Anne's Response to Women's March 'Founders' Response To Alyssa Milano and Theressa Shook

Women's March Founders open letter 121118-.jpg

This Women's March Founders battle goes on, and it's tough for me to see where it ends. My inability to buy into these words puts me on the outs with Women's March leaders, seeing no way back towards unity.

After what I've personally been through with these leaders, the words "As a Black woman, it hurts me to see the recent headlines regarding this movement. While you may think you’re helping, you are tearing a movement that was built on unity apart. This is not the time to strengthen the wedge between white women and people of color" are utter poppycock.

I'm sorry but this is Donald Trump talk #101. These four women wouldn't even allow Hillary Clinton to be one of over 20 honored at the Women's March. Do NOT talk to me about driving wedges, and this is BEFORE I share what has been privately said to me.

There is NOTHING in the quoted paragraph below that represents an olive branch. Rather, it's a reconciliation ceremony in which parties shares their own testimony. In particular white women are supposed to sit quietly and listen.

I support reconciliation ceremonies and Laurene Powell Jobs is investing in the possibility of such an event in America over slavery. She is concerned it will become a horror show only, and is heavily involved with leaders in South Africa who have gone through this process to understand how to make such a reconciliation process successful in America. Her partner in this possibility is New Orleans mayor Mitch Landrieu.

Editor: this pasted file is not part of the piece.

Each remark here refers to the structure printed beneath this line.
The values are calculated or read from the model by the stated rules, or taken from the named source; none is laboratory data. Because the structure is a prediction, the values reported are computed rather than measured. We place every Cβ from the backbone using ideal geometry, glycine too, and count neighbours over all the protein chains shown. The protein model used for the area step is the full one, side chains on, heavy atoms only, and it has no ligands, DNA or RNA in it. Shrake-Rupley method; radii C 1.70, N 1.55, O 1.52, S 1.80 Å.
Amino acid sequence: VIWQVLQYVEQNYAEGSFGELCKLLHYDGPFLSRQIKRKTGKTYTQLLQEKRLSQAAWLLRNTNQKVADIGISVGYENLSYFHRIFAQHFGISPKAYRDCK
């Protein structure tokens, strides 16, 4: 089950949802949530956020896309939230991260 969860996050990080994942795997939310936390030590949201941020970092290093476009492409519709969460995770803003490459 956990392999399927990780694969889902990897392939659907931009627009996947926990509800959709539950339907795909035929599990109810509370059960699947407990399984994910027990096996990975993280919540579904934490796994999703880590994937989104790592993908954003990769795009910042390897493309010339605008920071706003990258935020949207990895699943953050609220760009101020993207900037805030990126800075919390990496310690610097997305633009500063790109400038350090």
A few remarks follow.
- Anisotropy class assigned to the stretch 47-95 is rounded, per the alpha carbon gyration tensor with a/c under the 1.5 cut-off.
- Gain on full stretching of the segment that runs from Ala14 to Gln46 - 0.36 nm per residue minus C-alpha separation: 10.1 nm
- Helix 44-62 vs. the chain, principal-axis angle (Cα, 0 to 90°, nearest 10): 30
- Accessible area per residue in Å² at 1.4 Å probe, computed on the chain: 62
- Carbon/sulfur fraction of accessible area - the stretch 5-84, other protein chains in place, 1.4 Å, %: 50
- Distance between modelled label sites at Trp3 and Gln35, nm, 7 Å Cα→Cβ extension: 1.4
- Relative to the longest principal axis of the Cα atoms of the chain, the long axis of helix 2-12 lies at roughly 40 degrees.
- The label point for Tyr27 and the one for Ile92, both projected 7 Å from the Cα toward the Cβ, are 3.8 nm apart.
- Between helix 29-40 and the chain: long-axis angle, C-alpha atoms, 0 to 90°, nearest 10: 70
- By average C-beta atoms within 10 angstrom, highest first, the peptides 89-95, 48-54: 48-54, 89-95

My focus is saving America from Trump, cultivating a new democracy and also working for women's rights worldwide. There is not an indefinite time horizon on my life, and I am focused on both purpose and results. Decades of my life have focused on racial reconciliation in America and I've done my part. My eye is now on a larger ball -- aligning myself with hundreds/thousands of women of color worldwide who are willing to bury the ax with white women and move forward.

The leaders of the Women's March have no such goal. It's a Sartre play with no way out.

I carry the guilt of racism and slavery every day, even though all four grandparents were European immigrants arriving after the civil war. Nevertheless, hearing racism in my own family loud and clear as a child has made me sick in my heart every day since I was 12. The atrocities white people have committed against people of color in America and worldwide haunt me always. But it's not how I've chosen to lead my own life EVER.

I have a mother who sees no value in me as a person, so that is enough. My firm embrace of people of color has put me at great odds and distance with my own family. Not being a hamster in a cage running around and around, I no longer seek double trouble, or even forgiveness generally from people of color. Reality is what it is.

Growth as a human being moves me away from the hate for white women found in the hearts of the Women's March founders. Their own values and beliefs are their right. But their words and lectures have no impact on me. Everyone knows that I hate hypocrisy more than just about anything. These ladies are drowning in it, and their own actions speak louder than their words.

People much younger than me can sort all this out. I am moving forward on other fronts. ~ Anne

Message of So-Called Reconciliation From Women’s March Founders

"In 2017, the Women’s March was a movement sparked by white women and organized by women of color. The names Tamika Mallory, Linda Sarsour, Carmen Perez, and Bob Bland were names known in communities of color well before the Women’s March took place. Historically, women of color were used as tools to support the efforts of white women. The Women’s Suffrage Movement was a slap in the face to Black women. We marched with you, we stood with you, we put our lives on the line for you and you threw us away when you felt we were no longer useful to you. After reviewing the actress Alyssa Milano’s recent statements denouncing the leaders, it is clear that history repeats itself. Alyssa, these women are not your enemy. The 52 percent of white women that voted for Donald Trump, and woke up on January 21, 2017, and marched beside you are your enemy. As a Black woman, it hurts me to see the recent headlines regarding this movement. While you may think you’re helping, you are tearing a movement that was built on unity apart. This is not the time to strengthen the wedge between white women and people of color."